• Healthy Japanese sea bass, weighing approximately 100 g, were obtained from a commercial farm in Xiangshan County, Ningbo City, China. Fish were maintained in experimental tanks filled with artificial seawater (salinity 20±2, pH 7.5±0.4, temperature 27±1 °C) and acclimated to laboratory conditions for two weeks prior to experimentation. All fish were healthy before the experiment. All experiments were performed in accordance with the Experimental Animal Management Law of China and approved by the Animal Ethics Committee of Ningbo University.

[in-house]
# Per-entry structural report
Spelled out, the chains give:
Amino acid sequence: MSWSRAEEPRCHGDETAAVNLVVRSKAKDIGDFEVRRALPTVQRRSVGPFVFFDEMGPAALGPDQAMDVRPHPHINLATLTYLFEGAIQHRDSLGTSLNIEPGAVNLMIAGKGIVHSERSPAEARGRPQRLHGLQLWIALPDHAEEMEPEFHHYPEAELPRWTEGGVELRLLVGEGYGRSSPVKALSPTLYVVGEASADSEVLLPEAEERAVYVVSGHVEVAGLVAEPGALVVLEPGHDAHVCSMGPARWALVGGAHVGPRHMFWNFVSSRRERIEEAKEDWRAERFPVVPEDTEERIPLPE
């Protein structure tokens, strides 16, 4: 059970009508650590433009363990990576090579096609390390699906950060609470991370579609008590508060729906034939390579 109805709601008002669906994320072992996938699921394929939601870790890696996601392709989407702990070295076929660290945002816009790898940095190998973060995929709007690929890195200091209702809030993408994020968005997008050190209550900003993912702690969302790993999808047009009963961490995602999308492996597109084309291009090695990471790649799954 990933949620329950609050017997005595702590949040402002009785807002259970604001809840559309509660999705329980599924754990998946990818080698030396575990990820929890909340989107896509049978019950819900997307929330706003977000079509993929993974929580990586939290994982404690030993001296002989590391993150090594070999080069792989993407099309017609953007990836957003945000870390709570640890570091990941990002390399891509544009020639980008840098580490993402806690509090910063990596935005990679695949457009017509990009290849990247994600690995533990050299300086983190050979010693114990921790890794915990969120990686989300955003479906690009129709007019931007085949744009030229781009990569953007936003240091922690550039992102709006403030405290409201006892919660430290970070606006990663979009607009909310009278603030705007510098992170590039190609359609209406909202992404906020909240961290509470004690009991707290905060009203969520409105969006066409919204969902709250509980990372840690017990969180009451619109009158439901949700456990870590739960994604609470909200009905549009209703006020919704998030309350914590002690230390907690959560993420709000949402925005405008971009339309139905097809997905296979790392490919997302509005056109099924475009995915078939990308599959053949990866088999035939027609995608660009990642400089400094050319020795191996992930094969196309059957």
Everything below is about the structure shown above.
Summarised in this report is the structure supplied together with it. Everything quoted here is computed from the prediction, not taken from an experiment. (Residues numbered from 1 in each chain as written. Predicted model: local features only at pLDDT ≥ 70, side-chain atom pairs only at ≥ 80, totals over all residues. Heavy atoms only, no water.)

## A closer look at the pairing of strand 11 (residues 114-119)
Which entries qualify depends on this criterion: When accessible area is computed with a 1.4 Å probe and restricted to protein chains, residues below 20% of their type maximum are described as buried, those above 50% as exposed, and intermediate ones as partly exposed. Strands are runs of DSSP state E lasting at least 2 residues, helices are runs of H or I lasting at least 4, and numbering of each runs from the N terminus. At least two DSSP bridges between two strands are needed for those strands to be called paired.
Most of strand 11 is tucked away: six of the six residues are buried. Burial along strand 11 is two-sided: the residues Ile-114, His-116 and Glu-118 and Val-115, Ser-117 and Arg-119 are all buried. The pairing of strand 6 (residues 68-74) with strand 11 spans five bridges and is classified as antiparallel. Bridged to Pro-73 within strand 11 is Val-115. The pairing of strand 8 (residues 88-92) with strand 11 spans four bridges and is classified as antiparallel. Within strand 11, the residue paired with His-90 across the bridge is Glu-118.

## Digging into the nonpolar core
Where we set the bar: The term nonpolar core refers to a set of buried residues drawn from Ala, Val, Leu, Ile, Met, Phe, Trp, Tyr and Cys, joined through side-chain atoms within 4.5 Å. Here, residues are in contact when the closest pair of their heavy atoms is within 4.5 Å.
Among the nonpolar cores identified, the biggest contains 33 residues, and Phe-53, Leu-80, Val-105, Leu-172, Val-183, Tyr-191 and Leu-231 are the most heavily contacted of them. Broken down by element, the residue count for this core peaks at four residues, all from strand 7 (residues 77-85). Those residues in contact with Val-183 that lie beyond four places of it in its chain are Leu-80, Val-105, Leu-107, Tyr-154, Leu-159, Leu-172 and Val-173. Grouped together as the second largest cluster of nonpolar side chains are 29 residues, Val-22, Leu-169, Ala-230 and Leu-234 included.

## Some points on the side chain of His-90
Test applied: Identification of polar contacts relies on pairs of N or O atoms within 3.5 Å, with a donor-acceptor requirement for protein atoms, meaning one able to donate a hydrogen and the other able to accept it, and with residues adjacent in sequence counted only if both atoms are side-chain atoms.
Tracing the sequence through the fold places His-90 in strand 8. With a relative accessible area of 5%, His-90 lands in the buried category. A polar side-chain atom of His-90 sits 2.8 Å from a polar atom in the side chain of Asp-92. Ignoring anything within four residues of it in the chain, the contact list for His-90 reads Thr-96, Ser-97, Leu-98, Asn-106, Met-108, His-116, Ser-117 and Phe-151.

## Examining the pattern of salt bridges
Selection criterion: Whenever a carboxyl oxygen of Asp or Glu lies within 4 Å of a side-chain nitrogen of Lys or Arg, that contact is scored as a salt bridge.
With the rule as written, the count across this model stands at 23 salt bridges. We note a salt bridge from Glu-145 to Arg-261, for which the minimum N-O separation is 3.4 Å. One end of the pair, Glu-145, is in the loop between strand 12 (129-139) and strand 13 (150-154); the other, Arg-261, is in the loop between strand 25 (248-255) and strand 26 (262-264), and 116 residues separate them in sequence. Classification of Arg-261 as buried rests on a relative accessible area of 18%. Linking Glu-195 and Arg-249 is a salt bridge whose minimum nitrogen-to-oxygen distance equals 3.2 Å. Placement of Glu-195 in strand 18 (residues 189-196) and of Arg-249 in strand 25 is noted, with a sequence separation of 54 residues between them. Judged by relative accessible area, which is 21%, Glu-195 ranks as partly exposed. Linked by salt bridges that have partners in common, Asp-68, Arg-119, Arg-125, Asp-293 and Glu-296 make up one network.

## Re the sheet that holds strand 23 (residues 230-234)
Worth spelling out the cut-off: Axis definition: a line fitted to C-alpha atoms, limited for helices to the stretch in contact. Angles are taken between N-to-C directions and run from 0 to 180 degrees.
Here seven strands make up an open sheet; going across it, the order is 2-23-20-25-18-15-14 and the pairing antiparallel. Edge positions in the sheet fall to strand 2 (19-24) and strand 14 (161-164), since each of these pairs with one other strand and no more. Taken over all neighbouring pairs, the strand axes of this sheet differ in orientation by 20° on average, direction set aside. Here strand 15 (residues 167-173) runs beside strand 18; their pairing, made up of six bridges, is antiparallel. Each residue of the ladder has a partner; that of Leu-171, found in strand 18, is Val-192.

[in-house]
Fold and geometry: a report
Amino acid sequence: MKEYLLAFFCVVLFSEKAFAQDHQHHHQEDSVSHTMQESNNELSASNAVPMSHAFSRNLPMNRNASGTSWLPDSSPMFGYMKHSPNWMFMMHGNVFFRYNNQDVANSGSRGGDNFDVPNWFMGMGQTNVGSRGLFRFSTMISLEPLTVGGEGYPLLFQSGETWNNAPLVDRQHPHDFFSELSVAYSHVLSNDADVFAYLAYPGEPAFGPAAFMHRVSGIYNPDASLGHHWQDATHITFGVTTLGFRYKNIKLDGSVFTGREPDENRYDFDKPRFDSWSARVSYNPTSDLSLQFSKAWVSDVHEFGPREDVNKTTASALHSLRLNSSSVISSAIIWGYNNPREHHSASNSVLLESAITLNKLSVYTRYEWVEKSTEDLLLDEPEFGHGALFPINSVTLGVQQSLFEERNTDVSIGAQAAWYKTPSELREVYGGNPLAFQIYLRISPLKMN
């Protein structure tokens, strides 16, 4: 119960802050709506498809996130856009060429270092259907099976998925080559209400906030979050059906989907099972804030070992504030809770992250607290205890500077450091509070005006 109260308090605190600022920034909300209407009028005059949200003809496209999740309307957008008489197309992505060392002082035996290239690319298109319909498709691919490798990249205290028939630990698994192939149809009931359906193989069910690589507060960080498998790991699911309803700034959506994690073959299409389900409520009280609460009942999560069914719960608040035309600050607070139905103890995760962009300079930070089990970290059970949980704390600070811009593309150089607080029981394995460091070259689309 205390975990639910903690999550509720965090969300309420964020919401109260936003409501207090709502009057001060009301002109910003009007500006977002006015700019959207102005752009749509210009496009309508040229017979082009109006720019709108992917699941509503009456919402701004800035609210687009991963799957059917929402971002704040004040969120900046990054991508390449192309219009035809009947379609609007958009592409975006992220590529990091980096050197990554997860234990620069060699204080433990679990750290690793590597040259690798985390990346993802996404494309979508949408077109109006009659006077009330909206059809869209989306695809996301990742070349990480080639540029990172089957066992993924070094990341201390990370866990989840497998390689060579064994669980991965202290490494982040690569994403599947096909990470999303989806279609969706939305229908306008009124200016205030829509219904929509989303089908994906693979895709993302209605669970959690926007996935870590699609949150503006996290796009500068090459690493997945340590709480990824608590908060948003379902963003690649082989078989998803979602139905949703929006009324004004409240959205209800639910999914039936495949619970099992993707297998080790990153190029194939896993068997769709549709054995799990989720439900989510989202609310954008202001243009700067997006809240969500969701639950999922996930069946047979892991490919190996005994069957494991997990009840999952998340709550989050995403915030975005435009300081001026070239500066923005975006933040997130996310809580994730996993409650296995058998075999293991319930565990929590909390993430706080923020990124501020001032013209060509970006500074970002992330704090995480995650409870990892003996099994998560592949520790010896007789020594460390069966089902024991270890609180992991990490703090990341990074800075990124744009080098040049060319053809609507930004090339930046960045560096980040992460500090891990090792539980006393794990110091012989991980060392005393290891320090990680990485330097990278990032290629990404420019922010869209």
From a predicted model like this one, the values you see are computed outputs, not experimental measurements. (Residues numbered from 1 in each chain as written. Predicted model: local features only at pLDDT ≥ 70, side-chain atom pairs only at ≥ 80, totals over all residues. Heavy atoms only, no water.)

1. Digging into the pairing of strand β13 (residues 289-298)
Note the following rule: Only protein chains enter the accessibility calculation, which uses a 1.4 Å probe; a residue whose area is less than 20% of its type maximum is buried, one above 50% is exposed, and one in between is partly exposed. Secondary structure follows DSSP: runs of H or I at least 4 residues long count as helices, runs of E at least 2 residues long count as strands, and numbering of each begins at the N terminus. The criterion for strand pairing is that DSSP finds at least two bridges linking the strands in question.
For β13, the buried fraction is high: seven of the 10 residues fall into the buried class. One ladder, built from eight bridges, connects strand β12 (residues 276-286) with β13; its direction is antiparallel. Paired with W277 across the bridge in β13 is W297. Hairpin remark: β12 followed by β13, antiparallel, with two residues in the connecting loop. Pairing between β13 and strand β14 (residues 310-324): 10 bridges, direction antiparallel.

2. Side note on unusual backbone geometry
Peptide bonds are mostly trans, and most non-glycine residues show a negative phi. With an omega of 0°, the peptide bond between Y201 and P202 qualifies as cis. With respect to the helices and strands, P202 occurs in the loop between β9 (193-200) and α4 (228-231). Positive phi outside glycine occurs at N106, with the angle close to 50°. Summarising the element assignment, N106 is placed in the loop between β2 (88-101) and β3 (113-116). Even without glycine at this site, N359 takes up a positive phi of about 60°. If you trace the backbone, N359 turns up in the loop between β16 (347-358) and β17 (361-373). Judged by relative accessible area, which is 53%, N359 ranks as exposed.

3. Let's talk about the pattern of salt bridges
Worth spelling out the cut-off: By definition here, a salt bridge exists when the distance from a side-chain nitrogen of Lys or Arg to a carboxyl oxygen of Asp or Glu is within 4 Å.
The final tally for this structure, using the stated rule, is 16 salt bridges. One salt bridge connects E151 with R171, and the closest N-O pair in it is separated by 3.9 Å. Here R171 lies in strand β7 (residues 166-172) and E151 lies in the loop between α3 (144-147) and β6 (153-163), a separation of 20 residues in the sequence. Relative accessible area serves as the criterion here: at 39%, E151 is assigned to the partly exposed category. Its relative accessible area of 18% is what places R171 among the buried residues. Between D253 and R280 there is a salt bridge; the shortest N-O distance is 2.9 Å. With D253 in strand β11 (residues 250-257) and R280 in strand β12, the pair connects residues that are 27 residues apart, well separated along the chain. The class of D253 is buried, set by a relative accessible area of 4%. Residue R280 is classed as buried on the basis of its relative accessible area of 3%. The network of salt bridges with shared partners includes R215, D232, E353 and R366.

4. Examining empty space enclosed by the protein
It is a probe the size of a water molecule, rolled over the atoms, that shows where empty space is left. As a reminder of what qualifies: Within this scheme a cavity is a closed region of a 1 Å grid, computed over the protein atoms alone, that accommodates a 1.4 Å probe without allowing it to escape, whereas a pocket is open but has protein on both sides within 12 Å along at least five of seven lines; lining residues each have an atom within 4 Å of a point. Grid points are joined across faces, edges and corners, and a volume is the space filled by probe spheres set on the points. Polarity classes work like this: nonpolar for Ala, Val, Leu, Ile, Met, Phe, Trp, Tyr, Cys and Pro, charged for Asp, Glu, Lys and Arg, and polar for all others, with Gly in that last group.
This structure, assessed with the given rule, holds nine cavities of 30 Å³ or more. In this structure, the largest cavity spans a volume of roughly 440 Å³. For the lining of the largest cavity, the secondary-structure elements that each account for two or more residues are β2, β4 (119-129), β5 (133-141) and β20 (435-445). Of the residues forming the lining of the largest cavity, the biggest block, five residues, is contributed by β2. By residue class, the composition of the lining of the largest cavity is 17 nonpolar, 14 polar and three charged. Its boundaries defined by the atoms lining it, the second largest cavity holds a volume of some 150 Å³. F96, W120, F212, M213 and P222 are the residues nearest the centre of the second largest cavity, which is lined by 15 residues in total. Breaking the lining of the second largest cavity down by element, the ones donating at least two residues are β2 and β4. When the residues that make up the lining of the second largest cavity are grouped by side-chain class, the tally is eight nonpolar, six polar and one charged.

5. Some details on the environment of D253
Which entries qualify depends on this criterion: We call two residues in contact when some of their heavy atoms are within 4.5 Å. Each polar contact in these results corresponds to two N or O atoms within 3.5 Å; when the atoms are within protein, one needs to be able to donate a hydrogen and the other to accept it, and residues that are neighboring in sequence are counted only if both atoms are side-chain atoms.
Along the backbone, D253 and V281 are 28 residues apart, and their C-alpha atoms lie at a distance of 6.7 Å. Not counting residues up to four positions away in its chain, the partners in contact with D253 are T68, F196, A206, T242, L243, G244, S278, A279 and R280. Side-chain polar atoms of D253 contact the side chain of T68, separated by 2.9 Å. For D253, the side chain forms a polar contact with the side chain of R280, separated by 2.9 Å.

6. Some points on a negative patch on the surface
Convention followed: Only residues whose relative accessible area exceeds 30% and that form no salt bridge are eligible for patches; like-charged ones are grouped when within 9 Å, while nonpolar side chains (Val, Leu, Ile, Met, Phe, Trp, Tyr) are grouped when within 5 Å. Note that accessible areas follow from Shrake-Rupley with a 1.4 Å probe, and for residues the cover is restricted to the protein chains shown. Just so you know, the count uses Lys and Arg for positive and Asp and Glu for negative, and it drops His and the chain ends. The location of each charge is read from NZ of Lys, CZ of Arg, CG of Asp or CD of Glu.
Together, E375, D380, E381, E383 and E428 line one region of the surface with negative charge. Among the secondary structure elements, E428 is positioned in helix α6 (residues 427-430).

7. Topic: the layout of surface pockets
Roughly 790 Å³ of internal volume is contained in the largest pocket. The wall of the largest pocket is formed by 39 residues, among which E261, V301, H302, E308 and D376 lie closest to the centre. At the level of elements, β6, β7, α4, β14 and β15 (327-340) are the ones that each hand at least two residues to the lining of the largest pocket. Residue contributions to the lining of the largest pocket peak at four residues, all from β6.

• cDNA sequences of LjDDT were retrieved from three newly determined transcriptomes of Japanese sea bass annotated by the Beijing Genomics Institution, China (data not shown). The DDT homolog sequence was then amplified via polymerase chain reaction (PCR) using the cDNA template of Japanese sea bass and authenticated by further cloning, sequencing, and BLAST searching (http://blast.ncbi.nlm.nih.gov/Blast.cgi). The signal peptide was predicted using SignalP v4.1 (http://www.cbs.dtu.dk/services/SignalP/). The protein domain architecture was analyzed using SMART (http://smart.emblheidelberg.de/). Multiple alignments were carried out using ClustalW (http://clustalw.ddbj.nig.ac.jp/). Non-classical secretion was analyzed using SecretomeP 2.0 (http://www.cbs.dtu.dk/services/SecretomeP/). Phylogenetic and molecular evolutionary analyses were conducted using MEGA v7 (Kumar et al., 2016). The cDNA sequences of DDTs or MIFs used in this study are listed in Supplementary Table S1.